Constitutional Law

Domestic violence victims penalized for calling police by eviction ordinance, says ACLU suit

The American Civil Liberties Union has filed a federal lawsuit over a municipal ordinance that effectively penalizes individuals for calling police, if they are deemed to have engaged in “disorderly behavior,” by pressuring landlords to evict them.

Filed by Pepper Hamilton last week on behalf of Lakisha Briggs, the Philadelphia suit (PDF) says the Norristown, Penn., law—which is similar to laws throughout the country—interferes with her right to petition for redress and call police under the First Amendment of the U.S. Constitution, as well as due process and unreasonable search and seizure. It also asserts claims for violation of fair housing law, due to alleged sex discrimination, and the Violence Against Women Act.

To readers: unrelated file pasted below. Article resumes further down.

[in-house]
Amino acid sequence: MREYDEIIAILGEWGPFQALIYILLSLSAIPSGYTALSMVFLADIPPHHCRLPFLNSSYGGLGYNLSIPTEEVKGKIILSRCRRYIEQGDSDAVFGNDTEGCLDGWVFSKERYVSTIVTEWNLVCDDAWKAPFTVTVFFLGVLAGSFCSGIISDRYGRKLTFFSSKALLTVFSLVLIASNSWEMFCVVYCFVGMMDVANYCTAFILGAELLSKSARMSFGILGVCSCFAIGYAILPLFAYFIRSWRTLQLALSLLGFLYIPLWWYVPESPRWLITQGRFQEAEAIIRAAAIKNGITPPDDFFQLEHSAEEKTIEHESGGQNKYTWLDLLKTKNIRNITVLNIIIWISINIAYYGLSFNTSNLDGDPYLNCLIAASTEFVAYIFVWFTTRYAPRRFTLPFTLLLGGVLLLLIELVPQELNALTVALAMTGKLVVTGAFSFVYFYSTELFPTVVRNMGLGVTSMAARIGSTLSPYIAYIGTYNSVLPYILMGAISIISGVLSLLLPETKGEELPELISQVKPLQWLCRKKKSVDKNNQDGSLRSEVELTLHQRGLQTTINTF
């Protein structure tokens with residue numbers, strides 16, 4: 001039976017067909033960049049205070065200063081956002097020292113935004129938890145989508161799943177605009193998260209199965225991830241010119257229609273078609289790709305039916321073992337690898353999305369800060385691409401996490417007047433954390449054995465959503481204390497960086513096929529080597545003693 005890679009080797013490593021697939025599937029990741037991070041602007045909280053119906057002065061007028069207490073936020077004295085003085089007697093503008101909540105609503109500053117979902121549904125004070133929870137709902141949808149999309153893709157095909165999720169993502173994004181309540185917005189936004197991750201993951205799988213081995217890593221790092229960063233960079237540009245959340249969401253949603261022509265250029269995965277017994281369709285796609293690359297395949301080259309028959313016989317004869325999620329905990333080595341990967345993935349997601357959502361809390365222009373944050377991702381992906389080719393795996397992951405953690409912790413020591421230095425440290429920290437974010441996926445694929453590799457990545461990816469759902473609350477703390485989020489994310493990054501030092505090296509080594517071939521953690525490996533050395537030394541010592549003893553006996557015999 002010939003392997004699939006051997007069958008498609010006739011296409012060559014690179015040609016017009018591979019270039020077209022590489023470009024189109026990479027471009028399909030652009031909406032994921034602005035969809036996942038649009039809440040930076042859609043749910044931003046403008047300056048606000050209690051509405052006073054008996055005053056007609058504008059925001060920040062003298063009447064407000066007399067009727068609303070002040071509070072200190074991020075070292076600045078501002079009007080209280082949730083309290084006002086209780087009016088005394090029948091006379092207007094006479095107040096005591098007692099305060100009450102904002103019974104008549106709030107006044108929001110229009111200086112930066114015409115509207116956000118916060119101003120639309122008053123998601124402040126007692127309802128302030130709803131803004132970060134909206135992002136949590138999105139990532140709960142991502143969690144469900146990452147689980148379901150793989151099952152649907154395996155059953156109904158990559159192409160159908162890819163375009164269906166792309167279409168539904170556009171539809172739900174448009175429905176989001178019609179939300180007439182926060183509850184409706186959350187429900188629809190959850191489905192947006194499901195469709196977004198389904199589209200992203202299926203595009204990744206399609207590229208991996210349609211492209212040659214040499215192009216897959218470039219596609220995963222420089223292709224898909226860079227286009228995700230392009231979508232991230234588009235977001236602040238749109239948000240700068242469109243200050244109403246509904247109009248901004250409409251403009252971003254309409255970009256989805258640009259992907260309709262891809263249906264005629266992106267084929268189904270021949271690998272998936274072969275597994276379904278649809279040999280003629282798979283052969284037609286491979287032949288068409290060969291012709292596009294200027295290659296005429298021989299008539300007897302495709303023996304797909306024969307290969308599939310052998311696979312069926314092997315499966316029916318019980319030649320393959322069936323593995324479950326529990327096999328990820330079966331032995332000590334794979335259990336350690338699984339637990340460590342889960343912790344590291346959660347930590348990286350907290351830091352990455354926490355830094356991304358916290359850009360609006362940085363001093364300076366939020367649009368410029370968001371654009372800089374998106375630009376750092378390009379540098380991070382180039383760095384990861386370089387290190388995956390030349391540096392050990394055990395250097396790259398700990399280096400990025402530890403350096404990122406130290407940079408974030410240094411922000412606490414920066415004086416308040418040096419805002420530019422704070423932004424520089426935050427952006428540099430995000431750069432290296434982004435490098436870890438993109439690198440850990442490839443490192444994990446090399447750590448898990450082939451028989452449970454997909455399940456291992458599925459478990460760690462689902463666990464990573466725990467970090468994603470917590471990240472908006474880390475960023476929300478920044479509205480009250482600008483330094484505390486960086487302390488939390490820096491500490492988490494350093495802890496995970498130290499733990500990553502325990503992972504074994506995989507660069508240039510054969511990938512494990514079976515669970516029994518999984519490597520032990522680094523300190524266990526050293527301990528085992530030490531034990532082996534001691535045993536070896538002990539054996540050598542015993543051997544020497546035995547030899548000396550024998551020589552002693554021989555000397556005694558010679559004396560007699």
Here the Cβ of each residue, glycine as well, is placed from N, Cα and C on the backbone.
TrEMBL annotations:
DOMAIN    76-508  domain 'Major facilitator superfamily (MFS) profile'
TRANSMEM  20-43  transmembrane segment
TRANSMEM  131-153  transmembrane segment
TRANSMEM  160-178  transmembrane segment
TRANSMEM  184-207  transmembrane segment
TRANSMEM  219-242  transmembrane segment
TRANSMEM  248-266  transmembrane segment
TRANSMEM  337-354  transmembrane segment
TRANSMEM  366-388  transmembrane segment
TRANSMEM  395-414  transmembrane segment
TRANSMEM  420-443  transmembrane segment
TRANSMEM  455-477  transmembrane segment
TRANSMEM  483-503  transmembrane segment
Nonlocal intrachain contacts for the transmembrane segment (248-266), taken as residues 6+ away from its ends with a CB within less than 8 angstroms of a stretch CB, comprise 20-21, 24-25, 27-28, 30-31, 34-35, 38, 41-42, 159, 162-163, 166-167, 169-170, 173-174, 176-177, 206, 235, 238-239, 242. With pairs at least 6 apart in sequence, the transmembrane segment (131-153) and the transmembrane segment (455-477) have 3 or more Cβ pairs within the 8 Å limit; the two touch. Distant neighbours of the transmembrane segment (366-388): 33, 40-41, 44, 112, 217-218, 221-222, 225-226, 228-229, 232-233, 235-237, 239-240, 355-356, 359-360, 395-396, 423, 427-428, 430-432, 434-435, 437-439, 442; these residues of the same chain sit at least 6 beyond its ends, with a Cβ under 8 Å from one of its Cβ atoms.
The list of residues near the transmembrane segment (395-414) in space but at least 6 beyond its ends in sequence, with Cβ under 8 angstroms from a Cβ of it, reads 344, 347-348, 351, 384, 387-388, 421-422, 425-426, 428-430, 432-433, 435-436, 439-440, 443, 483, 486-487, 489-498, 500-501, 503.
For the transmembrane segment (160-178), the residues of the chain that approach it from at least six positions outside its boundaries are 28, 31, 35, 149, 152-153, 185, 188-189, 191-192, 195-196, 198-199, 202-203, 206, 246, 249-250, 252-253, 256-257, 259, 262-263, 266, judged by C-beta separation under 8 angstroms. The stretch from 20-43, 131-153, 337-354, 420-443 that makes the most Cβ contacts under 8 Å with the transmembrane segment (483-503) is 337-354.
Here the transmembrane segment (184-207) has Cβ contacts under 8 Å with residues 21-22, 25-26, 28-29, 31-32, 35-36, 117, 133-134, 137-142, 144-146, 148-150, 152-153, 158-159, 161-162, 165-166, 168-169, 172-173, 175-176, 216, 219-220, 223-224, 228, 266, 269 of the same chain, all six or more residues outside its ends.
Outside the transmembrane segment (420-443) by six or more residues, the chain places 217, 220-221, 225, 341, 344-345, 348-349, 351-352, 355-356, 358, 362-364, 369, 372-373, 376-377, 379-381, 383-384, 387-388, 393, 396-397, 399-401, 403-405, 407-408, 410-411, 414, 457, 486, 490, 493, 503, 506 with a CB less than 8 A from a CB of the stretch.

Briggs, a domestic violence victim, was threatened with eviction from her rental home after police were called three times within four months, with two of those calls made by neighbors.

A written statement provided by Norristown’s acting municipal administrator said officials can’t comment on the complaint, because they haven’t received it, the Philadelphia Inquirer reports.

However, “new provisions of the Municipality’s Rental License Ordinance reflect the Municipality’s attempt to require landlords to assist in attempting to reduce incidences of disorderly behavior caused by tenants in the Municipality, which adversely affect the law-abiding citizens of Norristown,” the statement says.

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